Last month, the opening of a new practice location at The Trading Post in Caledon Street was celebrated, when the phytotherapists working in Somerset West introduced phytotherapy to the wider community of the Helderberg, and practitoners of different disciplines had an opportunity to meet each other.
Phytotherapy is the South African term for herbal medicine (Phyto is the Greek word for plant).
The use of plants as medicine dates back centuries, and thanks to modern science, many of the actions of these plants can be explained by well- defined pharmacological active constituents.
“Finally, indigenous knowledge is being confirmed by research and plant based medicine can be used safely,” says Dr Sanien de Beer.
“Due to the strong belief in traditional medicine, being a herbalist in South Africa is often still closely associated with sangomas and traditional practices – which is not what phytotherapists do,” she adds.
Phytotherapy is regulated by the Allied Health Professions Council of South Africa (AHPCSA), and practitioners need to be registered. It is still a very small profession – currently there are only 50 practitioners registered in South Africa, and it is therefore quite unique to have more than one practioner in town, she says.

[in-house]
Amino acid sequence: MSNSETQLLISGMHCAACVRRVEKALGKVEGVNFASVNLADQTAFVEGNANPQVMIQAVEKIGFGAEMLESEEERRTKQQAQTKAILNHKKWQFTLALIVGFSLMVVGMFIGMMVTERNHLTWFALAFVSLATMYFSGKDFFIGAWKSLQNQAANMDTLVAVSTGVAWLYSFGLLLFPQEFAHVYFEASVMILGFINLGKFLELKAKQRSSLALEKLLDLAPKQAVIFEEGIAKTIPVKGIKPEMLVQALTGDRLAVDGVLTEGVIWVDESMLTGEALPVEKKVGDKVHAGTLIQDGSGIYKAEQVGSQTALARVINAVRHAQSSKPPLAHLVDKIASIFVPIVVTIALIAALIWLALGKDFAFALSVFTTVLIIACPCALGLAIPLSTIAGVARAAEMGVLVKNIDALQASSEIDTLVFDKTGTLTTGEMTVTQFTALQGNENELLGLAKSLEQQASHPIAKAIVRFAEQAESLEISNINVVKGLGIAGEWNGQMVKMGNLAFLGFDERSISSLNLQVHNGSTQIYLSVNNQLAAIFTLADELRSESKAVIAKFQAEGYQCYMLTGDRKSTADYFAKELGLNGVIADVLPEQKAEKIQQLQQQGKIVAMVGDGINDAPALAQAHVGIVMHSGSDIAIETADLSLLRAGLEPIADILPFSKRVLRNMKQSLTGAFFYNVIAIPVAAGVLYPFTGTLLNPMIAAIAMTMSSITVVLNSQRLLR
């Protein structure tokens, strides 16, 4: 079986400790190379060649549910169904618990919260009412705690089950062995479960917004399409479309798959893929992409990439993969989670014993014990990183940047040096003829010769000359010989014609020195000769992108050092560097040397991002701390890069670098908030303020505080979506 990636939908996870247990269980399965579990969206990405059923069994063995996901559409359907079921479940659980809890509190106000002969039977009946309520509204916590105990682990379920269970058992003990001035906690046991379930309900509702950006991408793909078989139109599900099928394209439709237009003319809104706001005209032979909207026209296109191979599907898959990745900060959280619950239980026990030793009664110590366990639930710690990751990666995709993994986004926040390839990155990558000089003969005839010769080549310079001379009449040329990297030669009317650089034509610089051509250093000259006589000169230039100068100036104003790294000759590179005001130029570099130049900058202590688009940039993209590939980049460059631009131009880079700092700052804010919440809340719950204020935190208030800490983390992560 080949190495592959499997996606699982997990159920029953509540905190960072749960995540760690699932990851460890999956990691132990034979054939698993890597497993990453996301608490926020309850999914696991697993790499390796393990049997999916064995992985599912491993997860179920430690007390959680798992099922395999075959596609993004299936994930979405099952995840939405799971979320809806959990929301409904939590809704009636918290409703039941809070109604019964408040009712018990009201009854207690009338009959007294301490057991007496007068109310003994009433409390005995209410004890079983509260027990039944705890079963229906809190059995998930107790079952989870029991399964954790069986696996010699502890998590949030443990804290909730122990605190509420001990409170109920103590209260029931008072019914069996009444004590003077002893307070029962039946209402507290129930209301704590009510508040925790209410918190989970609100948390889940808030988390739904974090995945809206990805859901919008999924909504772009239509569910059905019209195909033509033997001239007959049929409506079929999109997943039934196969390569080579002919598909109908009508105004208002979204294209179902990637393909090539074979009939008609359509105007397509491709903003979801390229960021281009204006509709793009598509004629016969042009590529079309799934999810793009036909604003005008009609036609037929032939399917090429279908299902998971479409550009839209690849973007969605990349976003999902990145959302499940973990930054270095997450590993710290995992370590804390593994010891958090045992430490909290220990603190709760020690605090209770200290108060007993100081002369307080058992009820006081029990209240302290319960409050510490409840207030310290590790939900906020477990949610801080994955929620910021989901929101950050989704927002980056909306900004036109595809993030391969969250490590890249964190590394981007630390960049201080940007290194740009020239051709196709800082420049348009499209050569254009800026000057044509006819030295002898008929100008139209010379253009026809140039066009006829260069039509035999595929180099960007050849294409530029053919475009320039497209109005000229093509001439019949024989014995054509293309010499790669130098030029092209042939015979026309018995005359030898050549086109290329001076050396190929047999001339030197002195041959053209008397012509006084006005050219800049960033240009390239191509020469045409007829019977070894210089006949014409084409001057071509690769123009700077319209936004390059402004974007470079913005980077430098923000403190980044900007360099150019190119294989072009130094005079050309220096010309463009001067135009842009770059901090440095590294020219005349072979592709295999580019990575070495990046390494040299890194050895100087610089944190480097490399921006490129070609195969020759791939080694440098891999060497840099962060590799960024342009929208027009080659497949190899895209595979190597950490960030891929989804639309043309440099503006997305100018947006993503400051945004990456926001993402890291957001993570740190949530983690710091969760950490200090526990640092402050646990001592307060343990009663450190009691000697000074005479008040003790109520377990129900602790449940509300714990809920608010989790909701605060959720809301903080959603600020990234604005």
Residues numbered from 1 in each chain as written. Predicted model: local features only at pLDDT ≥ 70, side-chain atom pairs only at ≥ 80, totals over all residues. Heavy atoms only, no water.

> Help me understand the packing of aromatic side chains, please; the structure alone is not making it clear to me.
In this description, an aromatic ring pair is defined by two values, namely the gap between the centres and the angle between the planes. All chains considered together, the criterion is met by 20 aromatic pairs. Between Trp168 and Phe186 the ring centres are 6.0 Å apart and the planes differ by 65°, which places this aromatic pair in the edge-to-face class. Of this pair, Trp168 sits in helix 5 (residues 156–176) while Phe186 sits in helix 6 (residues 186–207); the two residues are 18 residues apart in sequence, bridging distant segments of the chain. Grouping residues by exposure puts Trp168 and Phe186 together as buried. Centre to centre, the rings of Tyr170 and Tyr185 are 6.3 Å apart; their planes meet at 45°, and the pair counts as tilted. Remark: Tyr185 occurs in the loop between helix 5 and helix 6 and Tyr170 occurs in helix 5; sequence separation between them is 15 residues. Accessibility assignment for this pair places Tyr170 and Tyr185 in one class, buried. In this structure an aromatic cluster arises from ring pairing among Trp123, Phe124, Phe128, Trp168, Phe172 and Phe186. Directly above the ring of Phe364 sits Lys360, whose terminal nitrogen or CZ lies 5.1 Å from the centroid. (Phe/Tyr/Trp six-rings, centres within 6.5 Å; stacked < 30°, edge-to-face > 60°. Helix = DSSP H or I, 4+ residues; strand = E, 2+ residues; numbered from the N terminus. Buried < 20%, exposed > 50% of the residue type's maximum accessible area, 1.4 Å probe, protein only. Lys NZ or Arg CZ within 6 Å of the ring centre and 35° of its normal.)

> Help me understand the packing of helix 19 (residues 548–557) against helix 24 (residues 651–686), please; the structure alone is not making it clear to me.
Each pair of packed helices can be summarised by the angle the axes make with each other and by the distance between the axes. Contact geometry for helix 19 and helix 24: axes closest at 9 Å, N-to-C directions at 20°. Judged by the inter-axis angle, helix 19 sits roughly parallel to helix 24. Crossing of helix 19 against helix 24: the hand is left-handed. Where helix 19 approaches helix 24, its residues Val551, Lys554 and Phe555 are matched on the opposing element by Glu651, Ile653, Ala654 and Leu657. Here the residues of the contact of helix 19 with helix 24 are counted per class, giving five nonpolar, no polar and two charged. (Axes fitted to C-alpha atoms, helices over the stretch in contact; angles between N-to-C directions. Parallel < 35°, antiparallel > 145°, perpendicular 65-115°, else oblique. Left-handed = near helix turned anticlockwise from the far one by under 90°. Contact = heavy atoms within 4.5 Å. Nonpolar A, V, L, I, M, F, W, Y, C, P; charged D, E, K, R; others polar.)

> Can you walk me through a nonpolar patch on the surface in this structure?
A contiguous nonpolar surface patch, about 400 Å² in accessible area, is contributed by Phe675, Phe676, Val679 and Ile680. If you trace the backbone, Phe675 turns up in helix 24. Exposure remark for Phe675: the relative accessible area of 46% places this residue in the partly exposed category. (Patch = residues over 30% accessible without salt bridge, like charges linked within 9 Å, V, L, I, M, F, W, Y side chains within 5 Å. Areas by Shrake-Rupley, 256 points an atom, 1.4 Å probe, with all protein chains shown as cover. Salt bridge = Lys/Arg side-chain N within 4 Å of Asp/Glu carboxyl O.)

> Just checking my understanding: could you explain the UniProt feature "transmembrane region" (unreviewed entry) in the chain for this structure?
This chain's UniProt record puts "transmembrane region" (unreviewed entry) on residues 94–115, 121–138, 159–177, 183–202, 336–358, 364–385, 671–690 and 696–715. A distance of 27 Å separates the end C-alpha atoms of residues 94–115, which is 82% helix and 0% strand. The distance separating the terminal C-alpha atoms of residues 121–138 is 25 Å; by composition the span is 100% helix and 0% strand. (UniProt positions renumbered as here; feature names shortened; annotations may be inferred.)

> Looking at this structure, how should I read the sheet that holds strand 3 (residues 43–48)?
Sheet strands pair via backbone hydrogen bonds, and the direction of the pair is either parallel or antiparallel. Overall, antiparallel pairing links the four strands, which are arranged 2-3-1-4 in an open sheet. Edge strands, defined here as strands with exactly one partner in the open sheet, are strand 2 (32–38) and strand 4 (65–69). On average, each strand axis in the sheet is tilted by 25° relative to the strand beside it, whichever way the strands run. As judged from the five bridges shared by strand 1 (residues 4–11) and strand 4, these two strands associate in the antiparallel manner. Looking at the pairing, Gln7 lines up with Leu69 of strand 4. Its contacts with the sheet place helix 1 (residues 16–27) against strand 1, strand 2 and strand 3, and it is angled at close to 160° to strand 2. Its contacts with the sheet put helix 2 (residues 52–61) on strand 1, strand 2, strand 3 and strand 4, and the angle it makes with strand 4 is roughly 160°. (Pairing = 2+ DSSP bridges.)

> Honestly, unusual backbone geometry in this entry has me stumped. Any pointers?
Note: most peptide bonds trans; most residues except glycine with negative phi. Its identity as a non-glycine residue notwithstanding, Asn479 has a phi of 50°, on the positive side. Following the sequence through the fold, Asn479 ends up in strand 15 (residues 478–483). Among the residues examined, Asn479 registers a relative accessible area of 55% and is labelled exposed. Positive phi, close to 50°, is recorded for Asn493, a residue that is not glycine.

Herbal medicine can be used to treat both acute and chronic conditions, says Dr De Beer.
After a consultation, individual prescriptions can be formulated for each patient according to their specific needs. Whole plant extracts are used in the form of tinctures, teas, powders, capsules, oils.
“It is essential to take potential drug herbs interactions into consideration when formulating a prescription, to ensure that herbal medicine and allopathic medicine can be safely used together as needed,” she explains.
“Phytotherapists are passionate about working with medicinal plants, and embrace a holistic approach when treating patients. They often work in multi disciplinary teams together with fellow medical and complementary health care practitioners.”
This practice creates an environment where people in the Helderberg Basin can have access to high quality, safe and effective herbal and natural medicine.
On a parting note, Dr De Beer says: “Throughout history it was generally women who had the most knowledge of medicinal plants; possibly because they spend more time foraging in the fields.
“However, as it was unusual for them to be able to read and write, the men wrote down what the women said. This is one of the reasons why hwerbalists throughout the centuries were mainly males.”
For more information, visit
www.herbalpractitionerssa.co.za, email firstname.lastname@example.org or call 082 615 8284 or 072 355 8356.